Based on our values and our name, we evaluate whether the people in our company are RPRS, or Right Person, Right Seat. This concept comes from a book by Jim Collins called Good to Great. It uses the metaphor of your company as going on a bus trip, and your first objective is to get everybody on board that should be. Next, everybody that's on that bus should be in the right seat. For the trip to be a success, everybody on board has to be the right person in the right seat.
Sometimes you have the wrong person – an individual who does not align with company values or passion, or who does not exhibit Velocity, Momentum, Ingenium. Other times you have the perfect person, but they're in the wrong seat. E.g., we have them coding in Python, but their strengths lie in embedded systems. It is crucial for us to place them in the right position so they can be as productive as possible.
The easier of the two situations is when an employee is in the wrong seat because that means, "You’re a great person, now we need to find the right fit." Regrettably, sometimes there isn't the right fit, and we miss out on getting to work with that person.
On the other hand, if you're the wrong person, we're going to have problems. If you don't exude Honorable, Results++, and Humble Charisma, there is very little room for compromise. Out of the three values, Humble Charisma is the most forgiving. We can work with you, show you how changing your behavior consistently over time will reshape your attitude. Results++ is partly lenient – we understand there can be a learning curve and you’re going to make some mistakes while adapting to our staggering pace, and those mistakes are going to be addressed in project reviews. Honorable is the most rigid. If an individual is clearly dishonorable in this company, that person will not last, because we're not going to make rules to police you.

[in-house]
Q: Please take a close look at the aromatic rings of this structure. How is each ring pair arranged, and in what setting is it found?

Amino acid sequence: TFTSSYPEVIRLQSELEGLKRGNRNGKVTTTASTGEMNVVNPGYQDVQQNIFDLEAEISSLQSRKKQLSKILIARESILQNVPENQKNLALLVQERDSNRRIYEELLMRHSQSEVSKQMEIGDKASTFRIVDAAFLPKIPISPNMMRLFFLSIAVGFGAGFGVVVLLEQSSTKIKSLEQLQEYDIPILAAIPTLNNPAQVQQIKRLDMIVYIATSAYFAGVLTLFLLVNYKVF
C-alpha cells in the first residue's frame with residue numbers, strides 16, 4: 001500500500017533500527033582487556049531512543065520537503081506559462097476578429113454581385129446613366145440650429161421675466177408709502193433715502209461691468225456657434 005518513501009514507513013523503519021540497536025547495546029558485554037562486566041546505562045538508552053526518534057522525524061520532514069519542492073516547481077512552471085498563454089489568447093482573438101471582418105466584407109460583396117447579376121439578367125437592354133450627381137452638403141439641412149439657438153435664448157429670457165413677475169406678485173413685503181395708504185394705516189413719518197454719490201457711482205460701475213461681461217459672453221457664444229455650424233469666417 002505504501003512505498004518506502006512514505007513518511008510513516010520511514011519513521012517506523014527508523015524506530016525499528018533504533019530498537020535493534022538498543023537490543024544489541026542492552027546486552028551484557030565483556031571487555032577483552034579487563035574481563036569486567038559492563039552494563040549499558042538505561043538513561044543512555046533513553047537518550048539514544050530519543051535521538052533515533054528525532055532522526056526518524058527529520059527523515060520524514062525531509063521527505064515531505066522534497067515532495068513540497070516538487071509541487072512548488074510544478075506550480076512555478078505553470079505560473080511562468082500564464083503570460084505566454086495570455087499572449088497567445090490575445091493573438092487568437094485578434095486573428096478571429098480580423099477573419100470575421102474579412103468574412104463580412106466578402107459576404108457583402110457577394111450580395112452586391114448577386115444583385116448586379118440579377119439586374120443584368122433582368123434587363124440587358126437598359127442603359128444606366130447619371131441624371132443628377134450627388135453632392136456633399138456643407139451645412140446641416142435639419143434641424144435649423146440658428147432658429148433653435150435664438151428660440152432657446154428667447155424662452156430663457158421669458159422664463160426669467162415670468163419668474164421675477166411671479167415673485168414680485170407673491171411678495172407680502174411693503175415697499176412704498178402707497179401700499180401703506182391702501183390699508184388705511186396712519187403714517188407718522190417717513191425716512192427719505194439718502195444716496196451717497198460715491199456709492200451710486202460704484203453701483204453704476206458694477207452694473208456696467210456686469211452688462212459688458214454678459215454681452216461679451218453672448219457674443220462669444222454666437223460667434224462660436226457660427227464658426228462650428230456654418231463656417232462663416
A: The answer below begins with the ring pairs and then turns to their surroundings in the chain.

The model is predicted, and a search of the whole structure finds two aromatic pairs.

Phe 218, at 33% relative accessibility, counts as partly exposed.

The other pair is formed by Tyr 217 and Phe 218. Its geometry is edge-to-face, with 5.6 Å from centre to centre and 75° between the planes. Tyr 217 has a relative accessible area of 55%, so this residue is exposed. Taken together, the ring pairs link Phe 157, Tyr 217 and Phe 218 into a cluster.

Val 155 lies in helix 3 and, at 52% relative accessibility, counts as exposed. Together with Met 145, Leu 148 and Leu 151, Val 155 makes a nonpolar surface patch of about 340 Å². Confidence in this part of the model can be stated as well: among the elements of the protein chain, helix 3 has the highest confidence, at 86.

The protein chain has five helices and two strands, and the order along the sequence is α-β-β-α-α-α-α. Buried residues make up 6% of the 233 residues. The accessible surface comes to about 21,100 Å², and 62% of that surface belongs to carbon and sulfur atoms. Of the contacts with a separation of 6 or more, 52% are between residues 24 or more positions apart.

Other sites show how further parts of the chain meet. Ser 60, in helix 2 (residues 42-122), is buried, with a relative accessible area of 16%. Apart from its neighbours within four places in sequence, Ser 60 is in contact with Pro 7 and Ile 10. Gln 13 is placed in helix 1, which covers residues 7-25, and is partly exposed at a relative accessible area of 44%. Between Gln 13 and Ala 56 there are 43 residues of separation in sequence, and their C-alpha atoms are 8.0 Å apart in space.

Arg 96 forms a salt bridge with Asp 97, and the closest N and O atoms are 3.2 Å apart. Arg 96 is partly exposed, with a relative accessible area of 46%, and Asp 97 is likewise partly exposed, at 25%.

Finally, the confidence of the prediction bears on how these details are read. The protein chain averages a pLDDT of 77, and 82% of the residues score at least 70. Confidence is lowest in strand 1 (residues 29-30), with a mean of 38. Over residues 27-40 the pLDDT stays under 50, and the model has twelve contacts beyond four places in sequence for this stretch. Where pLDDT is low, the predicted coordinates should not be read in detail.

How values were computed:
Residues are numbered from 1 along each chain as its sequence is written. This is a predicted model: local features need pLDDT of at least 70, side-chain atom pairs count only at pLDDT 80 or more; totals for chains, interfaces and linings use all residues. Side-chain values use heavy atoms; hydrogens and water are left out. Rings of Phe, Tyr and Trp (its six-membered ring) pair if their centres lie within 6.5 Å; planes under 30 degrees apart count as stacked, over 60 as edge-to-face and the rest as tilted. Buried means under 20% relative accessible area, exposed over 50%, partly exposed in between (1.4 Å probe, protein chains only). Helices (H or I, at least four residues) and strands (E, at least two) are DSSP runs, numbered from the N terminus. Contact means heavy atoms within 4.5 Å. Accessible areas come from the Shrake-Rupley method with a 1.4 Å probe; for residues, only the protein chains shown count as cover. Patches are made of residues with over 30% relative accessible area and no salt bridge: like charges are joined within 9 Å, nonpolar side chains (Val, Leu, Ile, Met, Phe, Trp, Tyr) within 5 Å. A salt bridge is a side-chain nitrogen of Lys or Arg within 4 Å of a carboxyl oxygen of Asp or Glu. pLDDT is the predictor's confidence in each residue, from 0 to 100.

The next “right person” determination is summed up by the acronym GWC. You have to get it, want it, and be capable of doing it.
Get it: I understand what we're doing here. I'm not only laying bricks; I'm building a structure. I'm not only designing boards; I'm helping manage diabetes. It means not becoming so caught up in the day-to-day that you lose sight of the bigger picture.
Want it: We compensate you at the market level for your talent and position, but we seek out people who want to be here because of our cause, our culture, and the way we do work.
Capable of doing it: Are you capable, efficient, and can you do it well?
Our culture remains strong not only because we hire selectively, but also because we remove people if they're not the right person in the right seat, and don't GWC that seat (meaning that they don't get, want, or aren’t capable of doing what that seat requires).
The reason we're willing to remove people if they don’t fit our culture is that it keeps the best people here. If you’re not the right person in the right seat, then the best people end up having to complete or redo your work, and the best people won’t stay with a company under those conditions. It’s important that everyone here owns Honorable, is perfecting Results++, is grooming themselves toward Humble Charisma, and is continuously growing his or her capability. True performers learn to trust the organization, and the organization learns to trust its people. Having the right people in the right seats is what makes that possible.
In the next post, we will talk about where we see Velentium as a company in the future.